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Real Estate Transactions
Wayne State University Law School
Nix, Robert R.

The Development Process

Residential Transactions

· Controlled by real estate brokers

· Lawyers only get involved AFTER purchase agreement is signed, if necessary, to do closing and review of documents

· Most sales are existing construction

Purpose of a Real Estate Lawyer in Commercial Transactions

· Lawyer is lead player who deals with all third party consultants

· Structures the transactions

· Negotiates and drafts documents

· Goals:

o Educate your client

o Minimize your client’s risk

· Constant communication with your client is critical

· In commercial arena, majority of brokers don’t understand documentation for the transaction- lawyers play dominant role

Ethical Considerations in Real Estate Law

· Lawyer should not represent both the buyer and the seller, even with meaningful consent of both parties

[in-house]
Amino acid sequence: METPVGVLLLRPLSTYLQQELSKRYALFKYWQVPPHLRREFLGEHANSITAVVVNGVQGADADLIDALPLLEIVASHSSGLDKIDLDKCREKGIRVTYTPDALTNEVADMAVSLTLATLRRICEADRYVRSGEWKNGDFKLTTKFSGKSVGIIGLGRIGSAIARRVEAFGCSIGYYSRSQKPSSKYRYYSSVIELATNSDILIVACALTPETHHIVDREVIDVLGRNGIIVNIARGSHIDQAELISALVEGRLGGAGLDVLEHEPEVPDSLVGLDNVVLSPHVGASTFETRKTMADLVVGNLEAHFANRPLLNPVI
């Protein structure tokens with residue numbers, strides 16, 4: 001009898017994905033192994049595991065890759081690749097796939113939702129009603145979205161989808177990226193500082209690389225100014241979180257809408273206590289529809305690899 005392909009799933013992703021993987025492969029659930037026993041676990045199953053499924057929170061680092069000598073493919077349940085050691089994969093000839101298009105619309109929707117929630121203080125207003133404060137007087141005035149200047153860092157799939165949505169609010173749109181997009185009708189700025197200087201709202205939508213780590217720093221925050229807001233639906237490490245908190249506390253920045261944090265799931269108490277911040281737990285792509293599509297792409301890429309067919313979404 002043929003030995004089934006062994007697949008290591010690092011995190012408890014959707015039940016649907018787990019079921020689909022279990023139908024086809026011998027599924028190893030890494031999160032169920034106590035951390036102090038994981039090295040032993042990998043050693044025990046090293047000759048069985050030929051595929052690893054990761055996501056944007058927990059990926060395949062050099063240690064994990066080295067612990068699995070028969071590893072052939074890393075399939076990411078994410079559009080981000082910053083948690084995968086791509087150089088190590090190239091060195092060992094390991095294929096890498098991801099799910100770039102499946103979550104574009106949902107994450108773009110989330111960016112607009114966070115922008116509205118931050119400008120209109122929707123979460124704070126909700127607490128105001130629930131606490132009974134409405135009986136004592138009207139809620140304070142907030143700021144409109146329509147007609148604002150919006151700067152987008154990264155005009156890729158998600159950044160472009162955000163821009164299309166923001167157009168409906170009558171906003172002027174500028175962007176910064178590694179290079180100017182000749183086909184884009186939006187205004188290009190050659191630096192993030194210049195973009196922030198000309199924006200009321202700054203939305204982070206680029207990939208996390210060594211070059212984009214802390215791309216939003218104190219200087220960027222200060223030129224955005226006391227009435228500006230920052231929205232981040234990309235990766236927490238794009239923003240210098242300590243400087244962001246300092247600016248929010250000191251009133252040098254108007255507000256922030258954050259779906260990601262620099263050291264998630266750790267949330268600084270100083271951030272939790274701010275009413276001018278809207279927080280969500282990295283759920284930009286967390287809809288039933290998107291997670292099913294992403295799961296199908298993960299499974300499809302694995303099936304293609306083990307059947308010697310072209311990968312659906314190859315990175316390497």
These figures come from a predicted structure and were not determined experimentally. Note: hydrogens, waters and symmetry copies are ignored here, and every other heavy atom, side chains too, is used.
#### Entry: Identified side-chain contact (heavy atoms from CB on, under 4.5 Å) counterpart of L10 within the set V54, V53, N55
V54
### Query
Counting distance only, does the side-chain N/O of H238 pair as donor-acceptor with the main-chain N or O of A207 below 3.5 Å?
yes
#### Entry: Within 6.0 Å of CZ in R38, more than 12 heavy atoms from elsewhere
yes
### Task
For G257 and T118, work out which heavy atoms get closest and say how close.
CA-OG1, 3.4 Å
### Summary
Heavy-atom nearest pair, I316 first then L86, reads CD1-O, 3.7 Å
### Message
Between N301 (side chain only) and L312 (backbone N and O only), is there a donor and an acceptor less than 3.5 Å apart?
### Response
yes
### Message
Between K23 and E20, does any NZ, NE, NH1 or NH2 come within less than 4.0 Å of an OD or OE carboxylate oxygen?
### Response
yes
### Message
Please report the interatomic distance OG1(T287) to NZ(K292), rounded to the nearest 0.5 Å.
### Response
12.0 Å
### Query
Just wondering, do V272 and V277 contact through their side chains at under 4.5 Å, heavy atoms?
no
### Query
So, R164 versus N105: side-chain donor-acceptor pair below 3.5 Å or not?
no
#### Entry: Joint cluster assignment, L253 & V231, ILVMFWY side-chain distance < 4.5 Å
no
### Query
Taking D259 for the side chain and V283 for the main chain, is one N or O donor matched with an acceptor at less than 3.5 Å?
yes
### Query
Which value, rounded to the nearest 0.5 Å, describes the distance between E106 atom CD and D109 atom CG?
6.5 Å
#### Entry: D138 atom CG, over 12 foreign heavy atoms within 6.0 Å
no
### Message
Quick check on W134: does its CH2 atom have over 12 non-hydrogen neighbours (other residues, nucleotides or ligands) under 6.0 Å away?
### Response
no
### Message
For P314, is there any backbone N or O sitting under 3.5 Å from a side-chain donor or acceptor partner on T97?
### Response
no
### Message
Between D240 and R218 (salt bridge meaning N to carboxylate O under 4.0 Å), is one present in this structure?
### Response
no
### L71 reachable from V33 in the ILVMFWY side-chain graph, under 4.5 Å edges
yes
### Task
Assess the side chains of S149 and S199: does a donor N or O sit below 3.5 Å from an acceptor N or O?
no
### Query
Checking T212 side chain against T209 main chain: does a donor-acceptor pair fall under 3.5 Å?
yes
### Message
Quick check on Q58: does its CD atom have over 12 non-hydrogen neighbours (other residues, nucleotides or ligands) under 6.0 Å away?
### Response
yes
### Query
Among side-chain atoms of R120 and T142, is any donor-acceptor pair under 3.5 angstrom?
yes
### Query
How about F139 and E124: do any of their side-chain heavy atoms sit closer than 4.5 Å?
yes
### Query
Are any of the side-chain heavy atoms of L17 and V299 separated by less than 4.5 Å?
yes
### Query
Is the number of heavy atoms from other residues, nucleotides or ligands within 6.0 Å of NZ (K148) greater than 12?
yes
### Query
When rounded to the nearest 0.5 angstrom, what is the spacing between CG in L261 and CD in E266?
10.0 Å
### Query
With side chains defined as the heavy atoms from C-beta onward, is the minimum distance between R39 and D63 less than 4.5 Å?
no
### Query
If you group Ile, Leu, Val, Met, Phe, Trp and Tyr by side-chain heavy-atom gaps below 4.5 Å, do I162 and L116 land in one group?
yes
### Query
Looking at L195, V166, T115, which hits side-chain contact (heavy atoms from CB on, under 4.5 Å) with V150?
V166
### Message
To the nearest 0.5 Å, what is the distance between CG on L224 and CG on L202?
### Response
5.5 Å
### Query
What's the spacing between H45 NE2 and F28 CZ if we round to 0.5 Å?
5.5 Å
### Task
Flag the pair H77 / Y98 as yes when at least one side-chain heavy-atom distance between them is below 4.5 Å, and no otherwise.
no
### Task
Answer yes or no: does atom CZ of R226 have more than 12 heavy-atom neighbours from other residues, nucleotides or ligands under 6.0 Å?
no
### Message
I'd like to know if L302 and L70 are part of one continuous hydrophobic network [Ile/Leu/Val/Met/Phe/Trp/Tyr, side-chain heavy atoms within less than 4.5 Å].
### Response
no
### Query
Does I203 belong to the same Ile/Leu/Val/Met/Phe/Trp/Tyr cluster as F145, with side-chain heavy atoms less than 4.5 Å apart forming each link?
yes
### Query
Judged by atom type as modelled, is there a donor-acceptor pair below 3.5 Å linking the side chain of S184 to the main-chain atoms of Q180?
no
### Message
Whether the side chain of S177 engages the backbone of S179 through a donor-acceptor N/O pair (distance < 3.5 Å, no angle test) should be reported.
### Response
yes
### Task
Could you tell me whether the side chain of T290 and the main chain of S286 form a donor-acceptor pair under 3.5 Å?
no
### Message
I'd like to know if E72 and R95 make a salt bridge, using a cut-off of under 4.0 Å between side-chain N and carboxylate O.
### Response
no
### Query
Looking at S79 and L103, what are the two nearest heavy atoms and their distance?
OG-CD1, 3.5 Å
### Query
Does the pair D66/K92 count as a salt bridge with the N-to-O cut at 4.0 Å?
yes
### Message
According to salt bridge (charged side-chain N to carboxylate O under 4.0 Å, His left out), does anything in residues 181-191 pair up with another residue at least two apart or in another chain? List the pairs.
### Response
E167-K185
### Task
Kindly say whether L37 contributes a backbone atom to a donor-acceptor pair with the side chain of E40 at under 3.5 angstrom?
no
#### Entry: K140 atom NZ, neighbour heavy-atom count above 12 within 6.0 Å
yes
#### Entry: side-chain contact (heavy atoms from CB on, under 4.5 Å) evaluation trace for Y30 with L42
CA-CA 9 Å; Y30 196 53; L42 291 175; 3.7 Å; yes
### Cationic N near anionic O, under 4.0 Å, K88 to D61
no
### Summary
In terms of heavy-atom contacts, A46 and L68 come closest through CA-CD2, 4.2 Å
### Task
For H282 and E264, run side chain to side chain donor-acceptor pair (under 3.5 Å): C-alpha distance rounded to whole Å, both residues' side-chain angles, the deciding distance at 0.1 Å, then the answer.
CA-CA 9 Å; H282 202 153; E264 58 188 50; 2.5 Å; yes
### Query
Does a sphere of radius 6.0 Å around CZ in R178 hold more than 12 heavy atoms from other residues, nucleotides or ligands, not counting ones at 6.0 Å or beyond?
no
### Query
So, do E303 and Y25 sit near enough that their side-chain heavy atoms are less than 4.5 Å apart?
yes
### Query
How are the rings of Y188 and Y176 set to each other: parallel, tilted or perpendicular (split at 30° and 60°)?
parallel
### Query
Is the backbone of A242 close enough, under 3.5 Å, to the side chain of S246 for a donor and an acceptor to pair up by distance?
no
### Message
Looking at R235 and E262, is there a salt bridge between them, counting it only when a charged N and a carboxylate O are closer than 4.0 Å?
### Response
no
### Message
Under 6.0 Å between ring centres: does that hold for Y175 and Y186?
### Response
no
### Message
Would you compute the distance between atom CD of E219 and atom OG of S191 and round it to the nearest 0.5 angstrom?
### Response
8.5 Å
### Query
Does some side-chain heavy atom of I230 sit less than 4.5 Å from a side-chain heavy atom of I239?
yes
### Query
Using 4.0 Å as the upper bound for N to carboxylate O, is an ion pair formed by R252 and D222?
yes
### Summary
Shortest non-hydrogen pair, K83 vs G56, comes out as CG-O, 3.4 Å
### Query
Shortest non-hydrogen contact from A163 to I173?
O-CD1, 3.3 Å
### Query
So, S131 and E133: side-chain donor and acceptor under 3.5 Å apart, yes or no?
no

· If a couple and a company want to buy real estate, can you represent all three parties?

o Probably not. Should only represent the company.

o Can have a knowing waiver of a conflict, but you can’t waive a conflict if a lawyer has confidential information (information that would be critical to that client)

o Chinese Wall: when two partners in a firm put up a ‘wall’ saying that they won’t talk to each other if they are representing both sides of a deal

§ But Nix would never represent both a buyer and seller, a lender and borrower, or a landlord and a tenant

Development Process

· Developer’s goal: develop land and make money by either selling it or leasing it

o What factors affect cost of development?

§ Zoning and land use restrictions

§ Size of parcel

§ Access to roads, highways

§ Cost of utilities

§ Topography- any ravines that must be filled, trucking costs to move soil to other locations

§ Wetlands

§ Environmental- Brownfield redevelopment vs. Greenfield development

§ Parking- costs can be $18,000-30,000 per space

· Build to Suit Project

o Developer has someone who wants a particular project

o Gives developer an advantage because they own and control the property

· Speculative Project

o Developers will purchase the property in hopes that someone will buy it

o Often, tenants want to see what an existing building looks like before they purchase

Pro Forma

· Pro forma: document evaluating how much money you need for the project; plan so investors know what you need

· Costs include:

o Hard costs- construction costs